Intl. J. of Emerging Markets     Hybrid Journal   (Followers: 2)
Intl. J. of Energy Sector Management     Hybrid Journal   (Followers: 4, SJR: 0.187, h-index: 7)
Intl. J. of Entrepreneurial Behaviour & Research     Hybrid Journal   (Followers: 6, SJR: 0.545, h-index: 20)

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Journal Cover   Cross Cultural Management An International Journal
  [SJR: 0.648]   [H-I: 6]   [7 followers]  Follow
   Hybrid Journal Hybrid journal (It can contain Open Access articles)
   ISSN (Print) 1352-7606
   Published by Emerald Homepage  [309 journals]
  • Self-initiated expatriates: An exploratory study of adjustment of adult
           third-culture kids vs. adult mono-culture kids
    • Authors: Jan Selmer et al
      Abstract: Cross Cultural Management: An International Journal, Volume 21, Issue 4, September 2014. Purpose As it has been suggested that adult third-culture kids may be more culturally adaptable than others, they have been labelled “the ideal” expatriates. In this article, we explore the adjustment of self-initiated expatriate academics in Hong Kong, comparing adult third-culture kids with adult mono-culture kids. Design/methodology/approach We use survey results from 267 self-initiated expatriate academics in Hong Kong. Findings Exploratory results show that adult third-culture kids had a higher extent of general adjustment. No significant results were found in relation to interaction adjustment and job adjustment. We also found that recent expatriate experiences generally had a positive association with the adjustment of adult mono-culture kids, but this association only existed in terms of general adjustment for adult third-culture kids. Originality/value Once corroborated by further studies, this exploratory research project may contribute to the understanding of the adjustment of adult third-culture kids as well as the role of experience and multicultural abilities. Few, if any, prior studies, have examined adjustment of this group of self-initiated expatriates.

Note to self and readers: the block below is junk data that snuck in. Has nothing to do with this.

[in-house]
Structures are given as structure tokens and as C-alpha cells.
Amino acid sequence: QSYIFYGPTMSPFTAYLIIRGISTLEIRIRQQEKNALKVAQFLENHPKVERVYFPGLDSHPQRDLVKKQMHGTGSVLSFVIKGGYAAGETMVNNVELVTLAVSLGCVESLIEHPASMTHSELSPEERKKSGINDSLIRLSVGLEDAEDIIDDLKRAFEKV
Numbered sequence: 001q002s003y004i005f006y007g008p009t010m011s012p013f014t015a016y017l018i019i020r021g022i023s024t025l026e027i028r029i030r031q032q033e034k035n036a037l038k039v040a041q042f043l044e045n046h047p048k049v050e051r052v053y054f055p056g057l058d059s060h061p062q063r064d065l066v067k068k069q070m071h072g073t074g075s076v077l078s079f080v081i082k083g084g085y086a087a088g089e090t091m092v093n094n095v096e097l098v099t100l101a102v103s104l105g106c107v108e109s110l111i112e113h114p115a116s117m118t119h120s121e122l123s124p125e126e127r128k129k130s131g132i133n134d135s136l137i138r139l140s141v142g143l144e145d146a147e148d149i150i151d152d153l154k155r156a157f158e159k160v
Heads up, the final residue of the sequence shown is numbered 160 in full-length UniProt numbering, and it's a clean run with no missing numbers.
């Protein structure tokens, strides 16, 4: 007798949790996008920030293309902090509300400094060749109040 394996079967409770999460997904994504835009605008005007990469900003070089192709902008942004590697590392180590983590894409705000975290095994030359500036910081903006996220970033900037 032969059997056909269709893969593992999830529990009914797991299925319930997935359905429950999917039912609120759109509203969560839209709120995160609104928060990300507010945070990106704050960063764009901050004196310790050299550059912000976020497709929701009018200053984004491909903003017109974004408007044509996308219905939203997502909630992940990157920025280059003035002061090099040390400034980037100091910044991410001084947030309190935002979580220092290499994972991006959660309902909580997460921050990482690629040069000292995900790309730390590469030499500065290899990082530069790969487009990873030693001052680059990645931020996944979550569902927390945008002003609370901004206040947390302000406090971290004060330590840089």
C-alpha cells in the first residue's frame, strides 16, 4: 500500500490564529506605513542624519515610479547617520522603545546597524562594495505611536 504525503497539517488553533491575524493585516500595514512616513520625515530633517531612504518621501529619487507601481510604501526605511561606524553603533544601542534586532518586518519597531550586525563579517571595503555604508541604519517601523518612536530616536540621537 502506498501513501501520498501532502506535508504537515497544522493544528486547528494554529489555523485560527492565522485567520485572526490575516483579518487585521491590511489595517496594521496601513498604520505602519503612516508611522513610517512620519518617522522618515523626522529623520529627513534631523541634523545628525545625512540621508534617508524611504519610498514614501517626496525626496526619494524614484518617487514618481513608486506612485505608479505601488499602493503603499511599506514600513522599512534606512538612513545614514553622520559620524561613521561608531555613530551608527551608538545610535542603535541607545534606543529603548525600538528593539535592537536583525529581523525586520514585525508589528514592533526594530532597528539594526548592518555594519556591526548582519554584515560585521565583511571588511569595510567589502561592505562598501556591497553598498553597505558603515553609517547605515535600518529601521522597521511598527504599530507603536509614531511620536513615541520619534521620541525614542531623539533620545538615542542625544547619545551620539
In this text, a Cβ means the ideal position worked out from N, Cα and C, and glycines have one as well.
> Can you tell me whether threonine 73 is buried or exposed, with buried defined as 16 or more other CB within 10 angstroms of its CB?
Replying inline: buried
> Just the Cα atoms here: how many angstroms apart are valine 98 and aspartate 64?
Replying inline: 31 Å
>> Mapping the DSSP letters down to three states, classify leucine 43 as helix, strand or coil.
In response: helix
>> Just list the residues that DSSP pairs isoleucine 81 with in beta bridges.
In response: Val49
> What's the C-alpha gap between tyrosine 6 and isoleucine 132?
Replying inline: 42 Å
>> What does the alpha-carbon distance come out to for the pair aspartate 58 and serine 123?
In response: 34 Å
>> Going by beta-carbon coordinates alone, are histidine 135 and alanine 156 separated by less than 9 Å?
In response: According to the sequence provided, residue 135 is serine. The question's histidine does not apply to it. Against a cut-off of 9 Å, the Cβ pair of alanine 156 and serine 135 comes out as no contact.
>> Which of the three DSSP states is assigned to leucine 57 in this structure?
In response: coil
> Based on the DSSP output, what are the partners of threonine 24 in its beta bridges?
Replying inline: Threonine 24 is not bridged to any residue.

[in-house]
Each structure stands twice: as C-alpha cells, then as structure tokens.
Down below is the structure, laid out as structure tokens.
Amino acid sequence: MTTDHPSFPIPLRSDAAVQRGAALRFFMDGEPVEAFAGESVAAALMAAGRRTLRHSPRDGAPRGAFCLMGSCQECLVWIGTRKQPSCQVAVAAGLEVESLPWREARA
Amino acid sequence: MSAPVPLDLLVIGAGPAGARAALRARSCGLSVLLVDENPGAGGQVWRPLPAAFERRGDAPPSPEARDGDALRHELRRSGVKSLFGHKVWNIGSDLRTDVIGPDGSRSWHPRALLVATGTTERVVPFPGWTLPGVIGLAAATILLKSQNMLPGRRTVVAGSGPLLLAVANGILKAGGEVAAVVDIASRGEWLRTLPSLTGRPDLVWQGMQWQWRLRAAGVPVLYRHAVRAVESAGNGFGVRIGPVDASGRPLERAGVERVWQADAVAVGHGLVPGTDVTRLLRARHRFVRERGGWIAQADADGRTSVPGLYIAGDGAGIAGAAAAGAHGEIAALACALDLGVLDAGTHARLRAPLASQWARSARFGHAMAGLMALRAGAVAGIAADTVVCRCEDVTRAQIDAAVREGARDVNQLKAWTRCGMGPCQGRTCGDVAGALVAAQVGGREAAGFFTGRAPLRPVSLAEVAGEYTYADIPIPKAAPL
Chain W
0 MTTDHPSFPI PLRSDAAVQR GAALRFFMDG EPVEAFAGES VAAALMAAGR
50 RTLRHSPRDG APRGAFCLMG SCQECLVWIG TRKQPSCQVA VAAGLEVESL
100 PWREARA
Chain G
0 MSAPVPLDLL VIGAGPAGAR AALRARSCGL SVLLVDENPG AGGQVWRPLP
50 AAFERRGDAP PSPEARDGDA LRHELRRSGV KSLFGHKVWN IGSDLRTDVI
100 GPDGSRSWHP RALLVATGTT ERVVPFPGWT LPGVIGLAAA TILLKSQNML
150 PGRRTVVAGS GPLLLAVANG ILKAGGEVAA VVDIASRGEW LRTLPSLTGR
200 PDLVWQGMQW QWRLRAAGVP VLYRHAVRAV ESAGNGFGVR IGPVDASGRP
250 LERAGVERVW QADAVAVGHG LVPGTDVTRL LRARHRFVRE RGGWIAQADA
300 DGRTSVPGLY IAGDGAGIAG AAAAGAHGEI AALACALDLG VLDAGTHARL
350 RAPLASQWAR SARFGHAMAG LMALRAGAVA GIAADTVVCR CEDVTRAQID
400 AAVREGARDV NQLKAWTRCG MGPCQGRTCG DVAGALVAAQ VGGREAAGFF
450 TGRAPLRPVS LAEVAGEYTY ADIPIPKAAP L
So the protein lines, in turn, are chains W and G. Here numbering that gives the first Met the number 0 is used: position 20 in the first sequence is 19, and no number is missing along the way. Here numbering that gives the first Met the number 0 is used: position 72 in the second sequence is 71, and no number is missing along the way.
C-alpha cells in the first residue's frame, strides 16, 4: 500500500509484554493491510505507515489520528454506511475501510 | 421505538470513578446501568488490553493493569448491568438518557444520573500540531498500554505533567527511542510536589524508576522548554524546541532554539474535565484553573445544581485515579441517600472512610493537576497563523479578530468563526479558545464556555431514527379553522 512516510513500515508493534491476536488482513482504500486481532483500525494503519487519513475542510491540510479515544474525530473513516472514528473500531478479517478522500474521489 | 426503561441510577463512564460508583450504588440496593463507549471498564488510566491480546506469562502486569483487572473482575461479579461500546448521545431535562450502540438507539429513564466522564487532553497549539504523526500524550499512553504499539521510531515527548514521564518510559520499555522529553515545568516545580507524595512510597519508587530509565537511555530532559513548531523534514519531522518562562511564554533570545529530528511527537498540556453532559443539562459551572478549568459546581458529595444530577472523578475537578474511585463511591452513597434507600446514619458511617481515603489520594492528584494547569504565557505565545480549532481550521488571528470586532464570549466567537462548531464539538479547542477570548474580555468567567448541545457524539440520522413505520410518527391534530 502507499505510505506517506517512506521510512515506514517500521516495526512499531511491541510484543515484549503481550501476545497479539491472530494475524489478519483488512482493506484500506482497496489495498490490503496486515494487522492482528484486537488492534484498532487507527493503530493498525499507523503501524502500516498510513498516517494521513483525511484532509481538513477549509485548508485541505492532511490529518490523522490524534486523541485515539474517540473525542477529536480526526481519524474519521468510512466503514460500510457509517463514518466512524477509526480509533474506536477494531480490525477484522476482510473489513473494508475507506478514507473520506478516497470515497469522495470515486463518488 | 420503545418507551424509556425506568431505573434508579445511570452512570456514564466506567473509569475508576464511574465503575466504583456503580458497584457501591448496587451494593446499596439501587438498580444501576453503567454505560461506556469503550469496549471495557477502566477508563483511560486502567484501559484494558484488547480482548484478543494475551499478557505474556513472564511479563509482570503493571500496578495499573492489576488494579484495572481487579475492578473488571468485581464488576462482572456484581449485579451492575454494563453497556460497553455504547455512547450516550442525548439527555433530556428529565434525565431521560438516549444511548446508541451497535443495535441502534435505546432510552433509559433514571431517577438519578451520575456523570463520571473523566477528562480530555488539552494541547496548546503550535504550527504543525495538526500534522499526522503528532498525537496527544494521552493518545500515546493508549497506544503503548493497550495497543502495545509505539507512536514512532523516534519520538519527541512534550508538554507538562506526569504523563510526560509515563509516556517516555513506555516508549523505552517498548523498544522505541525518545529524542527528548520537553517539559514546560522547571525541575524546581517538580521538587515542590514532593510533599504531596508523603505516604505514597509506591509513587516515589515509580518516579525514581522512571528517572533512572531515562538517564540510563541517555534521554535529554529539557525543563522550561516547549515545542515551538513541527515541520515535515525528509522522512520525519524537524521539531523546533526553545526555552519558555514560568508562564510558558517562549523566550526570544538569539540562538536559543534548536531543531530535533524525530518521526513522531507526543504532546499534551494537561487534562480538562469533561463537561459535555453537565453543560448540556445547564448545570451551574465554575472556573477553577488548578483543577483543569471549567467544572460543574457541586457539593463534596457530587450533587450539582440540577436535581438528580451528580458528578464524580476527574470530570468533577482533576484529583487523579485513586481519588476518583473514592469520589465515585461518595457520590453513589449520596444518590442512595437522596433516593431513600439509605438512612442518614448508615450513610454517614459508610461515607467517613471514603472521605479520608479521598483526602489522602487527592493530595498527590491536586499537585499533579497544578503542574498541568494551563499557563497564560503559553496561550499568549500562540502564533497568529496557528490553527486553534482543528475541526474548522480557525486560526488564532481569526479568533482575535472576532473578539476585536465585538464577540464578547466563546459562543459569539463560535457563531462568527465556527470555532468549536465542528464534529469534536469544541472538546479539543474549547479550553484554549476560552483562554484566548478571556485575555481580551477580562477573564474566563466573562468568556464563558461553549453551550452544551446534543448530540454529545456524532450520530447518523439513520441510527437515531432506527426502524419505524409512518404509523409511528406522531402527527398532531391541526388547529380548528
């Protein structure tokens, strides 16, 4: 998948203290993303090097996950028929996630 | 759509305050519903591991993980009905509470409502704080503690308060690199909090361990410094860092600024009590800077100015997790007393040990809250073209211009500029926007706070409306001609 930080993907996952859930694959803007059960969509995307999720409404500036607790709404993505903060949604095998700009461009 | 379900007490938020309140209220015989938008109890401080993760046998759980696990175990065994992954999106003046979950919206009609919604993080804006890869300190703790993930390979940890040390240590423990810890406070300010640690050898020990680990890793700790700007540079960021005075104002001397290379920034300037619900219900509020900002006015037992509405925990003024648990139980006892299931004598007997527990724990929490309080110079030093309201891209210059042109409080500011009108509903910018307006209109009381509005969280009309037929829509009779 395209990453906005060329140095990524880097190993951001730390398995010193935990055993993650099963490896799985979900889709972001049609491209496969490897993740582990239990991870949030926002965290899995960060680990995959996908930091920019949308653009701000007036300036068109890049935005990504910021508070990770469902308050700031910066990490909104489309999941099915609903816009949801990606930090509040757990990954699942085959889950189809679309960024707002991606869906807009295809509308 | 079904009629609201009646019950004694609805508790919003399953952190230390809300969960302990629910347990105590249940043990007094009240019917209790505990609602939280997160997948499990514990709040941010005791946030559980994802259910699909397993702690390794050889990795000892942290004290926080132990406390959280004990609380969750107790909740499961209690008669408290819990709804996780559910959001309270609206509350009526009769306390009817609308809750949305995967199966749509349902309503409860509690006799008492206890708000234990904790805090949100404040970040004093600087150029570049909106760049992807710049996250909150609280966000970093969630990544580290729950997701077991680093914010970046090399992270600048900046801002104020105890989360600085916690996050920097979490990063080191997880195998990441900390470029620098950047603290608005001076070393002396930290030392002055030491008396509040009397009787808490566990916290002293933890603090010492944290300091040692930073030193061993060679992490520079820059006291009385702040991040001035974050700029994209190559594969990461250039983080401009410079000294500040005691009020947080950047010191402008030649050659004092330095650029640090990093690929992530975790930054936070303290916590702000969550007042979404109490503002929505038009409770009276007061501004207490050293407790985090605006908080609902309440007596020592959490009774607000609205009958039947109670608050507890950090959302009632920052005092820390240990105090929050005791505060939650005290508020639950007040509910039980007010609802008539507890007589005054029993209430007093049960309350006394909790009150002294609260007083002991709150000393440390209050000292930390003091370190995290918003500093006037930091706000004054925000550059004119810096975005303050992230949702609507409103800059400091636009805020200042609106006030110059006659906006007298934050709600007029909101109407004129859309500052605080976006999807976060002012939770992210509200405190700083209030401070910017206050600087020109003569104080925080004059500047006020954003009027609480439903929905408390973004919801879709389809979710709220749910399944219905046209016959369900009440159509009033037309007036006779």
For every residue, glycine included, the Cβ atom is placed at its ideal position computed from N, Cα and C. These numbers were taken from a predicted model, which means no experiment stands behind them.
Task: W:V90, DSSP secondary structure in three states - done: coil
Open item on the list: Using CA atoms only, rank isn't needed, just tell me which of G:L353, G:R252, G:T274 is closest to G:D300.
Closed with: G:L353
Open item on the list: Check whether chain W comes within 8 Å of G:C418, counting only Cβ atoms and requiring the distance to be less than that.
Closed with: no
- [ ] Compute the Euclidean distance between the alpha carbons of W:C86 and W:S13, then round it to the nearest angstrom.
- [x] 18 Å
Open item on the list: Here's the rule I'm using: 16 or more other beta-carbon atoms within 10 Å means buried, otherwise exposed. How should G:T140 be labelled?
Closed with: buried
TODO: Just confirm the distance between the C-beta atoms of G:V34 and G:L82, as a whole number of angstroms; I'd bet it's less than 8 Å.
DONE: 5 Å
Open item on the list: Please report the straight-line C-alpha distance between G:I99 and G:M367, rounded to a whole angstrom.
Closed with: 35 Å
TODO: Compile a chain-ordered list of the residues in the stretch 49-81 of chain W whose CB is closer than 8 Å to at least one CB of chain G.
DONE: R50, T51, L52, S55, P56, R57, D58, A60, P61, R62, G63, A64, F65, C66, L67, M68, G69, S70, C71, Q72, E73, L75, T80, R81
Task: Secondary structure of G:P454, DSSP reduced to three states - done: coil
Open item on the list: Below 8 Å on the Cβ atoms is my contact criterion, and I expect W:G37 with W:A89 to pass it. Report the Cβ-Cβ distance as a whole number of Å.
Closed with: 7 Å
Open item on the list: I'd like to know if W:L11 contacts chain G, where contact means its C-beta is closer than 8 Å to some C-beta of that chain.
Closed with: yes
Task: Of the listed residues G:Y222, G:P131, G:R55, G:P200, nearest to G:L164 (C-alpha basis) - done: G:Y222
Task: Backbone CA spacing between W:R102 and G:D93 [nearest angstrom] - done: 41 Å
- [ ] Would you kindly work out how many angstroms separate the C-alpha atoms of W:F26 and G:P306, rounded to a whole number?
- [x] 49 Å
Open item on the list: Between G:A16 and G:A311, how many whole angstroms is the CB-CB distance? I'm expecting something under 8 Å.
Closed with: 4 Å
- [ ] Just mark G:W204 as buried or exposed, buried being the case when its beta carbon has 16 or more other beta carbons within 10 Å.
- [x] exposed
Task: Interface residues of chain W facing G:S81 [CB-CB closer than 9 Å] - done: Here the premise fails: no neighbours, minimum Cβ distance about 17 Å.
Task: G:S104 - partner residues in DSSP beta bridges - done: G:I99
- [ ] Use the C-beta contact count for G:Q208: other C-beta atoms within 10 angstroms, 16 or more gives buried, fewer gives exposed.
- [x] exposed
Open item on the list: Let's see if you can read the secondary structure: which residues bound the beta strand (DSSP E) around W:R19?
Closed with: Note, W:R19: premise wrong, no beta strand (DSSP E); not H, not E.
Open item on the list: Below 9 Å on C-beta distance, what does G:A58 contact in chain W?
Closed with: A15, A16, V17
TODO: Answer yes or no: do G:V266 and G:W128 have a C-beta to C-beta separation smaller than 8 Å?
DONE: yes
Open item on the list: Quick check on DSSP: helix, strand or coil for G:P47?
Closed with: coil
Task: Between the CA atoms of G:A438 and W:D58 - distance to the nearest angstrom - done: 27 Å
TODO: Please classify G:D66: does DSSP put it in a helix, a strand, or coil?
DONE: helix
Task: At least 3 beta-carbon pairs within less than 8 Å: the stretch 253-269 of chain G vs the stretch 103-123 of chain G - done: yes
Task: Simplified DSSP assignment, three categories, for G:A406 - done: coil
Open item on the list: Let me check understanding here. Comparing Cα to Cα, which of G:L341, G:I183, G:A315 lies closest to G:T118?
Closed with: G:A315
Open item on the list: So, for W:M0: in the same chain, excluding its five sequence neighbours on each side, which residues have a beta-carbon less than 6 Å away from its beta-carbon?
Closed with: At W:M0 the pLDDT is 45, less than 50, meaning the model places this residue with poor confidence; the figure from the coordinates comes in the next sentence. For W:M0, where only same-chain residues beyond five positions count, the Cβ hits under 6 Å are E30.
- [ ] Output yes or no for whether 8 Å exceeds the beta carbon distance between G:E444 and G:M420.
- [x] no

PubDate: Thu, 18 Sep 2014 09:22:21 GMT
  • Scholar's Corner: Kristine Marin Kawamura, PhD Interviews Mihaly
           Csikszentmihalyi, PhD